Sorting by tuples [duplicate]

This is more of a practical question for me, but I have a few team members $n$ who I'd like to sort by two characteristics (just call them $a$ and $b$ for now). These characteristics are just a rating (given from 1-10). Among these $n$ team members, I am trying to find those who fit a definition of being good i.e. given a team member $i$, there is no team member $i'$ who has both a higher $a$ rating and a higher $b$ rating. There can by many people who would fit this definition of good.

Not sure if this qualifies as a sorting problem or not, but basically I think I have an intuition for it: I was thinking about first sorting by the $a$ values. And then somehow using that information, I was thinking about sorting by the $b$ values but using the $a$ values somehow conditionally to determine swaps in positions. Does anyone have a good idea of how to boil this down to a problem that's a bit easier to think about/more common?

marked as duplicate by D.W.♦ algorithms StackExchange.ready(function() { if (StackExchange.options.isMobile) return; $('.dupe-hammer-message-hover:not(.hover-bound)').each(function() { var$hover = $(this).addClass('hover-bound'),$msg = $hover.siblings('.dupe-hammer-message');$hover.hover( function() { $hover.showInfoMessage('', { messageElement:$msg.clone().show(), transient: false, position: { my: 'bottom left', at: 'top center', offsetTop: -7 }, dismissable: false, relativeToBody: true }); }, function() { StackExchange.helpers.removeMessages(); } ); }); }); Jan 26 '18 at 1:17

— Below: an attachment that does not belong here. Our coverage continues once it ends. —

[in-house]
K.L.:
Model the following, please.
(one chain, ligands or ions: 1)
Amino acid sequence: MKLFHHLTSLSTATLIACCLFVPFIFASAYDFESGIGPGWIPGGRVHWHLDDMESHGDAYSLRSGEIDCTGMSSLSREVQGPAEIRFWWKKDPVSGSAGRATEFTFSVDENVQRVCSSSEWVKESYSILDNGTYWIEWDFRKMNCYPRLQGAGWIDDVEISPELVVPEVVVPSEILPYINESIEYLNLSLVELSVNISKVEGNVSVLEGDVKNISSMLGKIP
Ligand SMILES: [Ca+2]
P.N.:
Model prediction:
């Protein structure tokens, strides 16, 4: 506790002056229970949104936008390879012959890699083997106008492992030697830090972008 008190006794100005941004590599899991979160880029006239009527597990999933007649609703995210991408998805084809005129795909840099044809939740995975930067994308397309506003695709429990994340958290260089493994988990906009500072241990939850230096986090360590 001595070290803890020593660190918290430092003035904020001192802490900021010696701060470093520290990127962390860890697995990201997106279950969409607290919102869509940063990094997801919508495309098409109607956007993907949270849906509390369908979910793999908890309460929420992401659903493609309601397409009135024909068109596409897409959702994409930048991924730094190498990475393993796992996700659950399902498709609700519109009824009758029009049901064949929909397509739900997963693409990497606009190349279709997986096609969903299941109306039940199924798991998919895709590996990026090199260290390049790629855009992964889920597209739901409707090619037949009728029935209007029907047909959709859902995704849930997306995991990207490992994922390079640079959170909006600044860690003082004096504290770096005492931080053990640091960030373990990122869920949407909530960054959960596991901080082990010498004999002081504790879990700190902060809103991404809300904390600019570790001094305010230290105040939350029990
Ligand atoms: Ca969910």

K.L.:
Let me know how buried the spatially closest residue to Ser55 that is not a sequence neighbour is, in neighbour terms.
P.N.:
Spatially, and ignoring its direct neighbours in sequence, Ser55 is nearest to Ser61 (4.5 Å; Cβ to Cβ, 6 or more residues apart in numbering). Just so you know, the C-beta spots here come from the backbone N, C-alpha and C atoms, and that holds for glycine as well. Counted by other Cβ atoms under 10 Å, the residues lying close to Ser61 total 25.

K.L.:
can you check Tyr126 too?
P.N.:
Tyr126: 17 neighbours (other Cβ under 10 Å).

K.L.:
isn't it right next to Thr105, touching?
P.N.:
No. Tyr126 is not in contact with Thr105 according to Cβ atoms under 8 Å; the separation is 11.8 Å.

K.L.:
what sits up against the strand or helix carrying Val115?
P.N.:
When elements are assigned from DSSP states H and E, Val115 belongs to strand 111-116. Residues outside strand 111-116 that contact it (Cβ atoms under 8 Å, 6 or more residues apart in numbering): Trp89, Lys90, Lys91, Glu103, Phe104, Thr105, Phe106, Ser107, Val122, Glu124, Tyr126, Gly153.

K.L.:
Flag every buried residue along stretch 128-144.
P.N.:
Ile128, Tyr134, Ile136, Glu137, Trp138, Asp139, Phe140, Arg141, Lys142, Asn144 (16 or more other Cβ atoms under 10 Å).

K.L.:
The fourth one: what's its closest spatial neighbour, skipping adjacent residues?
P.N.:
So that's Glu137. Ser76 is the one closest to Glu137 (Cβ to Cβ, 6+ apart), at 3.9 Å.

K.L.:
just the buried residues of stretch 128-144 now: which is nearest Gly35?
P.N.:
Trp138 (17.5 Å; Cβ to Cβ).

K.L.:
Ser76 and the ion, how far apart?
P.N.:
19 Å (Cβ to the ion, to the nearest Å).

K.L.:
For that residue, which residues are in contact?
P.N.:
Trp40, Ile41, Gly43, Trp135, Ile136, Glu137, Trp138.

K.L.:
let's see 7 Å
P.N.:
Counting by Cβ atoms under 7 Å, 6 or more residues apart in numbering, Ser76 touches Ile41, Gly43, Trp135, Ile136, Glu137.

• You are looking for maximal elements w.r.t. a partial order. Plenty of algorithms exist. – Raphael Jan 22 '18 at 6:11
• Comments are not for extended discussion; this conversation has been moved to chat. – D.W. Jan 26 '18 at 1:13
• – D.W. Jan 26 '18 at 1:17

The problem can be solved in $\mathcal{O}(n\log{}n)$. I don't know if there are faster solutions.

Assume all $a$ ratings to be distinct, the general case can be solved in the same way with little modifications.

We say that a member $j$ is $\textit{better }$than a member $i$ if $\;(a_i<a_j \wedge b_i<b_j)$. Obviously a member is $\textit{good}$ if there aren't members $\textit{better}$ than him.

The idea is to first sort in ascending order by $a$ rating. The key observation is:

• Fixed a member $i$, there is a member $j \textit{ better}$ than him if and only if $\;i<j\:\wedge\:b_i<b_j$

In other words if, for each member $i$, we know $\max\limits_{i<j}\{b_j\}$ we can deduce if $i$ is $\textit{good}$ or not.

The idea in pseudocode

$N\gets{}|\mathcal{Members}|$

$Sort(\mathcal{Members})$

$MAX\gets{}\mathcal{Members}[N].b$

$\mathcal{Members}[N].is\_good\gets{}\texttt{true}$

$\textbf{for}\;\;i\gets{}N\!-\!1\;\;\textbf{to}\;\;1\;\;\textbf{do}$

$\qquad\textbf{if}\;\;\mathcal{Members}[i].b\geq{}MAX\;\;\textbf{then}$

$\qquad\qquad\mathcal{Members}[i].is\_good\gets{}\texttt{true}$

$\qquad\qquad{}MAX\gets{}\mathcal{Members}[i].b$